Disrupted sleep raises diabetes, obesity risk
People who have disrupted or insufficient sleep or those with chronic shuteye problems are more likely to become obese and develop diabetes.
Scientists studied 21 healthy adults only allowing them to sleep about six hours a night. The participants were also subjected to shifting sleep-wake cycles.
After six weeks, the participants showed higher blood sugar levels and lower resting “metabolic rates.”
According to metabolic rates, on average, the number of calories the participants burned at rest also dropped about 8 percent which if continued could lead to about 6 kilograms increase of the body weight in a year.
Higher blood sugar levels can lead to diabetes while low resting metabolic rates can cause obesity if not compensated by a lower calorie diet and more physical activity and exercise, researchers highlighted in their report published in the journal Science Translational Medicine.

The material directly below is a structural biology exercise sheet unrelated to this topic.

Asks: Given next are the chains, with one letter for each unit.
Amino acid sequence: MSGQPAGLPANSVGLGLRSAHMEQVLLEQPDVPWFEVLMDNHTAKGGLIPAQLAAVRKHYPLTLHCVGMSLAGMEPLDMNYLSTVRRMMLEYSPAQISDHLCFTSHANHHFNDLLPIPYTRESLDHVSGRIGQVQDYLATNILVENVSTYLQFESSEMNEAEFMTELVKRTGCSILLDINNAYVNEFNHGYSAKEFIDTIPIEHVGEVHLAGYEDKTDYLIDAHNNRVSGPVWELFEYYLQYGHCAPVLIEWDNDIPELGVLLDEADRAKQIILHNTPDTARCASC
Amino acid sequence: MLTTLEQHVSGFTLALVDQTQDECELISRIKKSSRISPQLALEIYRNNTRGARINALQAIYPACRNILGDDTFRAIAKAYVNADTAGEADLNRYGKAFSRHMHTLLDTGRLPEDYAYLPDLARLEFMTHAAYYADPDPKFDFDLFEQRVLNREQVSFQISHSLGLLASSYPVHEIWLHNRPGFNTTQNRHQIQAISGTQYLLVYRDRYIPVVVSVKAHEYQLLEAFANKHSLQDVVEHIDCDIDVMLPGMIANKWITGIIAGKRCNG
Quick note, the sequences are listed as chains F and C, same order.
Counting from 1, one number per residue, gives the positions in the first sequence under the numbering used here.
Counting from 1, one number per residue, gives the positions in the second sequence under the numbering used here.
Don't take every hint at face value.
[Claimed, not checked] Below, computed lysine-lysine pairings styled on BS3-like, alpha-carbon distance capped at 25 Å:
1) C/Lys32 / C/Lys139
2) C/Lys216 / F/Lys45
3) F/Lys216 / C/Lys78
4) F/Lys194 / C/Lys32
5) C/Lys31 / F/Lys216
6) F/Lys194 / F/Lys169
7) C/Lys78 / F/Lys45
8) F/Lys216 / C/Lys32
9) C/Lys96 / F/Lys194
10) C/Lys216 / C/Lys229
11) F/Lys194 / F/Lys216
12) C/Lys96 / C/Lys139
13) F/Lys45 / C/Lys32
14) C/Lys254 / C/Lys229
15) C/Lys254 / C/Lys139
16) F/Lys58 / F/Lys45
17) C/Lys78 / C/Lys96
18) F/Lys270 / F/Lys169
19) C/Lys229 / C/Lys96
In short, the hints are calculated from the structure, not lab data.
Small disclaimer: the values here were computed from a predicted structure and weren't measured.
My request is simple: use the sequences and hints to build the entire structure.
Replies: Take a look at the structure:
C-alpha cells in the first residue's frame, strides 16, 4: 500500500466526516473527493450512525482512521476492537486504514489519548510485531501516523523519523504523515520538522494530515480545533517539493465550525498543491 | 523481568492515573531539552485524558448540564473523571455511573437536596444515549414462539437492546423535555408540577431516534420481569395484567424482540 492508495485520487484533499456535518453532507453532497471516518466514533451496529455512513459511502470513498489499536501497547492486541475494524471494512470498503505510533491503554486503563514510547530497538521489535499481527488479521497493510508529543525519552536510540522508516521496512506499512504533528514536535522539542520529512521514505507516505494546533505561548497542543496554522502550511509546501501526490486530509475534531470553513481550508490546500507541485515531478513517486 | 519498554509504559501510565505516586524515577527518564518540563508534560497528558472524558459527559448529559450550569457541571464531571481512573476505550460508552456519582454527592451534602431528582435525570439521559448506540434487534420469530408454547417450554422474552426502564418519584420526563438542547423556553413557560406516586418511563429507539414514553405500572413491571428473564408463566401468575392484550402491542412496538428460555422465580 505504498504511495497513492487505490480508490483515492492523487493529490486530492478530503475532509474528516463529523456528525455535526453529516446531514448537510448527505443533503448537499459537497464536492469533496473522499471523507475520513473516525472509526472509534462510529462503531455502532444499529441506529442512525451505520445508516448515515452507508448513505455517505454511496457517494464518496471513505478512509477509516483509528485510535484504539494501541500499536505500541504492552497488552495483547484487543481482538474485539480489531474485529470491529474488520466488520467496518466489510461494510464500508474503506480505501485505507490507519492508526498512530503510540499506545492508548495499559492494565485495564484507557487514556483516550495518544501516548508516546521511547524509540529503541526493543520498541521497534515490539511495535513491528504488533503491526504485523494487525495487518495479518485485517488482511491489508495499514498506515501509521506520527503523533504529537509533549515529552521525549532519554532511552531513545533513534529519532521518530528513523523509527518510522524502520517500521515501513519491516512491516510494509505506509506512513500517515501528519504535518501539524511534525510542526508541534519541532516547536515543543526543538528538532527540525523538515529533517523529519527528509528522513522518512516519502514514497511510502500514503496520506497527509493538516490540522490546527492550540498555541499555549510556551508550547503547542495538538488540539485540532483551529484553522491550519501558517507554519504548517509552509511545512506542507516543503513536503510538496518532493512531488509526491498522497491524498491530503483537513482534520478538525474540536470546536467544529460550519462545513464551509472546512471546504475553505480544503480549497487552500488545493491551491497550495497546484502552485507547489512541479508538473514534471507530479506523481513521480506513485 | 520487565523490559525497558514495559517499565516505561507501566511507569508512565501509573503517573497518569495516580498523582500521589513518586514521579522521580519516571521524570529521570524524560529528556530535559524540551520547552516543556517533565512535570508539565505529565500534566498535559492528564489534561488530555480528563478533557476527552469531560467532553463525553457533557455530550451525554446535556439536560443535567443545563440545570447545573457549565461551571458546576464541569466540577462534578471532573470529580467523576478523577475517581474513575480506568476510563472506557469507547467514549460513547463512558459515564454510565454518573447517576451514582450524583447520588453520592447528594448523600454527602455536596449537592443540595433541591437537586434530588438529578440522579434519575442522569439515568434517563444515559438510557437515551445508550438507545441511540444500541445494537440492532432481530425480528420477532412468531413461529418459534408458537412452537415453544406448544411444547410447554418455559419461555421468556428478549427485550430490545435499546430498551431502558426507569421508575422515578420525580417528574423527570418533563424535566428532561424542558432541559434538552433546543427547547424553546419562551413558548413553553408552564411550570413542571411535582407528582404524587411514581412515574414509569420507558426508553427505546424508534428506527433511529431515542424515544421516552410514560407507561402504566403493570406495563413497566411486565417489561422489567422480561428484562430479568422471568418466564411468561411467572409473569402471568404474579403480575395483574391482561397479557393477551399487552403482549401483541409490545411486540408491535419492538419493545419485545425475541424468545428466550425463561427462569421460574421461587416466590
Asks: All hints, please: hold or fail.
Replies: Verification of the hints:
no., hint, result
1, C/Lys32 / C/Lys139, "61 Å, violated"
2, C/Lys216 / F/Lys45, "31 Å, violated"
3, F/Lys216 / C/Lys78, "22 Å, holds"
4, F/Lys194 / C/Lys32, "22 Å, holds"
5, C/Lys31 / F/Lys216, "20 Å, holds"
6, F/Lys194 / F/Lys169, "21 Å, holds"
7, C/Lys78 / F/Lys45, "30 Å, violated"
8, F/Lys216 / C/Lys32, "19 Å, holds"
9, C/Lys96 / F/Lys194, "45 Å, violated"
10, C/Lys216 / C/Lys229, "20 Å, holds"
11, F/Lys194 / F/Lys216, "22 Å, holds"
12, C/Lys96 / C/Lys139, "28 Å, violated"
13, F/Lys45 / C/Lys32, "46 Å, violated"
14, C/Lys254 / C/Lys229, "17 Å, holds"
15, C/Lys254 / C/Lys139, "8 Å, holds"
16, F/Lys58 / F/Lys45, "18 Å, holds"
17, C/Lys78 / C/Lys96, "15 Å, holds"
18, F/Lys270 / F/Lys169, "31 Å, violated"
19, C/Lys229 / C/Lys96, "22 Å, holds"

“We think these results support the findings from studies showing that, in people with a pre-diabetic condition, shift workers who stay awake at night are much more likely to progress to full-on diabetes than day workers,” said senior researcher Orfeu M. Buxton of Brigham and Women’s Hospital.
“Since night workers often have a hard time sleeping during the day, they can face both circadian disruption working at night and insufficient sleep during the day," she added.
“The evidence is clear that getting enough sleep is important for health, and that sleep should be at night for best effect.”
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